You like Nic Taylor.
At least he hopes so. So do a lot of other people who rely on the associate director of Admissions’ affable nature to convey SVSU’s we’re-just-like-home appeal to prospective students.
“A few of them told me the other day that, out of all the colleges they visited, Nic was their favorite presenter,” said Jennifer Pahl, Admissions director.
It’s 50/50 whether Taylor will respond to such compliments with humility or faux vanity — that’s part of the charm. Either way, he’ll consider the kudos a victory. And, in the college recruitment trade, every win counts in the year 2017.
“It’s not going to be easy,” Taylor said of lifting enrollment numbers in a state where the number of high school graduates are falling. “Even though the demographics are bad, I’ve got something good to offer them. I’ve got SVSU to offer them.”
Taylor knows the high value in that product. He was sold on it as a high school senior in 1998, and hasn’t regretted the investment since. There was an 8-week gap between his graduation from SVSU in 2003 and his hiring as an Admissions rep, but otherwise, the institution has remained his second home for nearly two decades.
Taylor credits his allegiance in part on the affable personalities of others.
“Dick Thompson, Jim Dwyer, Jen Pahl; I was really lucky I crossed paths with people like them when I was a student,” Taylor said.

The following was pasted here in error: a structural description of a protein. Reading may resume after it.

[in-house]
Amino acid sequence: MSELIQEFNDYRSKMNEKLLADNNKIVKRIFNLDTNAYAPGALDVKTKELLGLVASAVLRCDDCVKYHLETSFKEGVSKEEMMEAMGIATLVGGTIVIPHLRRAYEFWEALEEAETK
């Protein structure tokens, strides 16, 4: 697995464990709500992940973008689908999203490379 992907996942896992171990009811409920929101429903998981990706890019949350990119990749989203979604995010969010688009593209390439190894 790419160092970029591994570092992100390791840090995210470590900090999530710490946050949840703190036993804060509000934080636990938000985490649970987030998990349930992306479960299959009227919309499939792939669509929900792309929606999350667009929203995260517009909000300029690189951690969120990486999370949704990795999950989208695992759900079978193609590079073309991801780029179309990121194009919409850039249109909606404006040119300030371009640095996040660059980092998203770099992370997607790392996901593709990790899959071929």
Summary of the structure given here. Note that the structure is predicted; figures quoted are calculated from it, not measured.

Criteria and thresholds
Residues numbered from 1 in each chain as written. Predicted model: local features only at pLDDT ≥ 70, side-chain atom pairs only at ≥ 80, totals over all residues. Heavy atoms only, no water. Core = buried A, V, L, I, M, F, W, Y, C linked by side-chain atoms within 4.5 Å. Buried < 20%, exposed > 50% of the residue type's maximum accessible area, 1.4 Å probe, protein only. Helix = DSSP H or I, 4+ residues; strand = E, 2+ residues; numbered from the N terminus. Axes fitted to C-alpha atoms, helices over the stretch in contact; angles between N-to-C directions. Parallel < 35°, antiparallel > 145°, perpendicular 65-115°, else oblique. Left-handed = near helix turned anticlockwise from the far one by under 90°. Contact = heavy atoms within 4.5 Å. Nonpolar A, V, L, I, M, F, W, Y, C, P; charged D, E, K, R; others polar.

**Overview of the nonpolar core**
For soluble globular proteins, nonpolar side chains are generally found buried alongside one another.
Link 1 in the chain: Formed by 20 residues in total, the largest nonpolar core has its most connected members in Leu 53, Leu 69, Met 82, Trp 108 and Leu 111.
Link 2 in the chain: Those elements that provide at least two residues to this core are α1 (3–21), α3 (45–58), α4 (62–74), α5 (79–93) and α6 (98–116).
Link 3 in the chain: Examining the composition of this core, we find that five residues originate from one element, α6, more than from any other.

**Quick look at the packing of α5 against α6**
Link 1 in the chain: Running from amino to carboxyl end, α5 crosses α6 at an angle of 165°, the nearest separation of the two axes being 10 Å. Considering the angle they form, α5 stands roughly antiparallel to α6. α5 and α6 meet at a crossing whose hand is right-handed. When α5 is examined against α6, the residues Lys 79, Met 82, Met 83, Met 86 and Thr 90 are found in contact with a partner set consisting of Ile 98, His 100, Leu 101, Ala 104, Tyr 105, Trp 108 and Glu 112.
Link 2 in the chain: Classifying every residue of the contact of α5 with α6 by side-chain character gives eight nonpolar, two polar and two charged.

Each of those individuals also influenced his professional life.
“These are people who taught me to care about the intrinsic value of the work as opposed to the money or the work,” he said. “For me, it’s about the intrinsic value of the work.”
Taylor also enjoys the competitive spirit of his profession. Like other competitions, recruiting students involves strategy, aggressiveness and counter-adjustments.
“Jim used to have this newspaper clipping with a saying: ‘If it ain’t broke, you still need to change it,’” Taylor said of the former Admissions director. “We always have to be pushing the envelope. There’s a lot of competition for recruiting students, and students are always changing.”
Taylor works hard to understand that ever-changing decision process of 17- and 18-year-olds. Sometimes adjusting to the shifting environment involves good intuition. Other times, math reveals the best approach.
Taylor’s many responsibilities include monitoring recruitment trends, right down to the minute detail. Computer programs allow him to track the many methods of communication SVSU delivers to each potential Cardinal, including how — or if — each prospect engaged with that correspondence. Unopened emails could signal the need for a different kind of approach. He charts how many correspondences were too much or too little based on which students eventually enrolled, cross-referenced by GPA and ACT scores.
“I’m kind of like Big Brother,” he said.
Other prospects call him “dad.”
Taylor sends his 2-year-old son, Brooks, all of SVSU’s recruitment material to test how others receive SVSU’s message. Still, the elder Taylor hopes Brooks one day will choose SVSU. In this case, though, a prospect’s decision to enroll may not hinge on Taylor’s likability.
“My son thinks he’s best friends with Coop,” Taylor said. “Whatever works.”